WOODSTOCK - The small discount store on Commerce Street in Woodstock raided by police last week remains open for business, despite the large amount of synthetic drugs agents say they discovered on the premises.
The raid, which Maj. Scott Proctor with the Shenandoah County Sheriff’s Office called one of the largest drug and money seizures the county has seen in terms of state cases, uncovered 451 individually packaged vials of bath salts and 679 vials of K2, a type of synthetic marijuana. Police also confiscated $190,000 in cash at the scene, as well as three firearms.
Larry Franklin Walsh, 73, the owner of the store, B&L Discount House, was arrested on one count of possession of a controlled substance with intent to distribute. Proctor said additional charges are pending. The sale and possession of synthetic stimulants such as bath salts, and synthetic marijuana, has been illegal in Virginia for about a year.
Proctor said that the raid on Nov. 30 was the largest involving such drugs in the county. Before that, he said, local police issued mainly possession charges related to synthetic drugs.
“We’ve had some cases where people have supposedly been under the influence of bath salts, some public intoxication-type issues,” he said. “We’ve had some domestic situations where we believed that was an issue.”
Woodstock Town Manager Larry Bradford said Tuesday he was still unsure of the fate of the store, located at 154 S. Commerce St. Bradford said Walsh is renting the building, where he lived and operated the shop.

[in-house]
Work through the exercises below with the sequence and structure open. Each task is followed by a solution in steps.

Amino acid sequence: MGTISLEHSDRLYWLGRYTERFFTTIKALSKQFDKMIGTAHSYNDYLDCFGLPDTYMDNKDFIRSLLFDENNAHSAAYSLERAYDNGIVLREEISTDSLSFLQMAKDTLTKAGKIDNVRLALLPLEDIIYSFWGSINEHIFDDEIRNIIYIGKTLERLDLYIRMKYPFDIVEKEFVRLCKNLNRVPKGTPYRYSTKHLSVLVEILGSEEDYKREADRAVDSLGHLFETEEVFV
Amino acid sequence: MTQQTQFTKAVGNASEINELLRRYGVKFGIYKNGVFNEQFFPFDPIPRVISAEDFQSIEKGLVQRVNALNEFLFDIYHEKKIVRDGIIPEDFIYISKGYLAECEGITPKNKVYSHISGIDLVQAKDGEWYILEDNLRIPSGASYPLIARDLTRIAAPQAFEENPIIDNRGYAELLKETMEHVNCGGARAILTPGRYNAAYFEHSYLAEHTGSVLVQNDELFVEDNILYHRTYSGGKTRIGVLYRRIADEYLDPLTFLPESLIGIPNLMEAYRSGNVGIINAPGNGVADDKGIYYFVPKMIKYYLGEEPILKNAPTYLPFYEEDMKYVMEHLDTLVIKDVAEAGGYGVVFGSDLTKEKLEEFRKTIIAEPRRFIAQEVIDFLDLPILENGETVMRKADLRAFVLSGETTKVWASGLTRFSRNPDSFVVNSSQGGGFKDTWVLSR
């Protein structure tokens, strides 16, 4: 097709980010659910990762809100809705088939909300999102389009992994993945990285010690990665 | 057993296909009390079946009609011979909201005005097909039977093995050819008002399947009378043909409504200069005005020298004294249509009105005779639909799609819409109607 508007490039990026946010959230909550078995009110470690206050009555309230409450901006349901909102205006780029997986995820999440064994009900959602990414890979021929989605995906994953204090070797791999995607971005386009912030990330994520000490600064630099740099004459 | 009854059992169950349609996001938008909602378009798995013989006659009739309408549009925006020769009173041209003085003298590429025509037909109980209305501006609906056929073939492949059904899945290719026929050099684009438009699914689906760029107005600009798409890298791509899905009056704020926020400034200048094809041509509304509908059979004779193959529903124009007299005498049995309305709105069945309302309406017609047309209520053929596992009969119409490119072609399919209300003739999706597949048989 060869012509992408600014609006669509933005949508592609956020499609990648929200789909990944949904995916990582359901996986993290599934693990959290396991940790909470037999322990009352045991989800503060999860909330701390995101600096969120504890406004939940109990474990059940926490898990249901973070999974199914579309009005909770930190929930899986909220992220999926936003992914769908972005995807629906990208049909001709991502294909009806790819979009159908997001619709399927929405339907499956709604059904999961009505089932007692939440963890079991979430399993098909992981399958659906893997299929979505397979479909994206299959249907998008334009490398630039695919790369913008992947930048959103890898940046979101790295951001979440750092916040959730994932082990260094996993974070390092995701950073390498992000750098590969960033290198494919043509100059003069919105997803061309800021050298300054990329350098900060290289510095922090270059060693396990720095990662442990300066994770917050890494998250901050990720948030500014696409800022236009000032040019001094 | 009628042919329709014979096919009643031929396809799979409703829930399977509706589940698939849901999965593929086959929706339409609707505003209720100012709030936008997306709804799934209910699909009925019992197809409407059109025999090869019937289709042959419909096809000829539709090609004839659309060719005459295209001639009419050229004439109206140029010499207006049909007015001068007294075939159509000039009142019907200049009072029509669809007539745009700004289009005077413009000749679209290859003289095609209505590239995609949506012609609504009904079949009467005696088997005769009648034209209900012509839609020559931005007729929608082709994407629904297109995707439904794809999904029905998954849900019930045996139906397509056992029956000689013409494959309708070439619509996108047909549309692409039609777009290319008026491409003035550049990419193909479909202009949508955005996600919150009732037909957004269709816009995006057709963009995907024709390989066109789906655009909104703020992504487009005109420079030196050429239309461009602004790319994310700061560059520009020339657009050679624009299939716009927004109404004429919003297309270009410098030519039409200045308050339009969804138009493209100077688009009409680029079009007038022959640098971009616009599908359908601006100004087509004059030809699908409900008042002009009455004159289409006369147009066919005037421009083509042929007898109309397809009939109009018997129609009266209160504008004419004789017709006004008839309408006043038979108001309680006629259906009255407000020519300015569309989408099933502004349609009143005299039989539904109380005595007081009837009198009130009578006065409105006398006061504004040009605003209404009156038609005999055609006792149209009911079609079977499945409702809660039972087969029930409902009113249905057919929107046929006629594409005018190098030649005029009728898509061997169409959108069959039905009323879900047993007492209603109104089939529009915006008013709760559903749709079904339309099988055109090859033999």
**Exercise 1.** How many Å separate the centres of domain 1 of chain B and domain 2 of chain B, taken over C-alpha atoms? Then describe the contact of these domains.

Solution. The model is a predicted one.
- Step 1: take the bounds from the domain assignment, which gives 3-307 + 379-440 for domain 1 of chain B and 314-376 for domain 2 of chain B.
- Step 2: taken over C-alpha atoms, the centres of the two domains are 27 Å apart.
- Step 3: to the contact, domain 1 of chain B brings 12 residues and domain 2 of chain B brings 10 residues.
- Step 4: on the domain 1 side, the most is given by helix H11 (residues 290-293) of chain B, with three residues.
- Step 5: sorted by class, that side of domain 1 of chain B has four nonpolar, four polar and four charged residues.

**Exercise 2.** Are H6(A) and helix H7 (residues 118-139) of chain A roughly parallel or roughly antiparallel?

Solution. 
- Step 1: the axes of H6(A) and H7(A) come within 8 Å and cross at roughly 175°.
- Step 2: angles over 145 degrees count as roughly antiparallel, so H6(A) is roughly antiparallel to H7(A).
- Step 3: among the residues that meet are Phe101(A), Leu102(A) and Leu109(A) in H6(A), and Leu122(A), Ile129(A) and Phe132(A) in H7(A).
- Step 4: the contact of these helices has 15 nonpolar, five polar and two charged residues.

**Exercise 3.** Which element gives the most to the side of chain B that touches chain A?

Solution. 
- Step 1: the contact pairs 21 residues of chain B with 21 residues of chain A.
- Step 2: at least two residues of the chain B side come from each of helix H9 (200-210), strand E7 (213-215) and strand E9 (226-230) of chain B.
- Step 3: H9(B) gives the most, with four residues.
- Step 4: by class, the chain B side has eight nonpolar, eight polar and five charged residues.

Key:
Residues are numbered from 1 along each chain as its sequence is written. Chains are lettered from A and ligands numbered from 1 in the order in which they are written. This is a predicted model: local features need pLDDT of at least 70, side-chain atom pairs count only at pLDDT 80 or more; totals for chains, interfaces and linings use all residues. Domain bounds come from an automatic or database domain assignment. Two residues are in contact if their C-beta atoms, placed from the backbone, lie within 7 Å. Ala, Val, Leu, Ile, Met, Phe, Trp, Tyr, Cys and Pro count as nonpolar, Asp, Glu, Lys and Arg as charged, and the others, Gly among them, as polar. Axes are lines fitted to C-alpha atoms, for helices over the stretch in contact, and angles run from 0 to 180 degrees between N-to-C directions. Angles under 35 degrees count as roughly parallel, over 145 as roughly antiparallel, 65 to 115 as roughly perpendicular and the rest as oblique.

According to Bradford, the fact that Walsh may be facing jail time might render any decision by the town to try to close it unnecessary.
“It might be hard for them to operate if they are not paying taxes, and other [payments],” he said. “Those are the types of things we’ll be looking at.”
Bradford plans to speak to Woodstock’s town attorney, Albert Mitchell, and Police Chief E.L. Reiley, at which point he said he will have more concrete information.
Mitchell could not be reached and Shenandoah County Commonwealth’s Attorney Amanda Wiseley did not return calls for comment.
But, according to Rockingham County Commonwealth’s Attorney Marsha Garst, several routes could be taken to shut the store down.
In a similar situation in Harrisonburg, Garst charged the owner of Pamela’s Secrets, where police say they seized synthetic drugs more than once, with six misdemeanor counts of creating a public drug nuisance in June. Those charges were used to support a temporary injunction ordered by circuit court to temporarily close the store.
If Pamela’s Secrets’ owner, Augustus George Julias II, is convicted of those charges, the business could be shut down for good.
Garst said the Shenandoah County Commonwealth’s Attorney’s Office, town attorney or a private citizen could file a suit to declare the store a public nuisance. Additionally, a commonwealth’s attorney could file misdemeanor charges of creating a public nuisance against the person involved with the business in question.
A temporary injunction to close the business, Garst said, may be granted as soon as the bill makes it to court.
Also, because Woodstock United Methodist Church operates a licensed day care on South Muhlenberg Street not far from B&L Discount House, Walsh could face additional charges for the manufacture of and intent to distribute drugs near such a facility.
Contact Kaitlin Mayhew at 574-6290 or firstname.lastname@example.org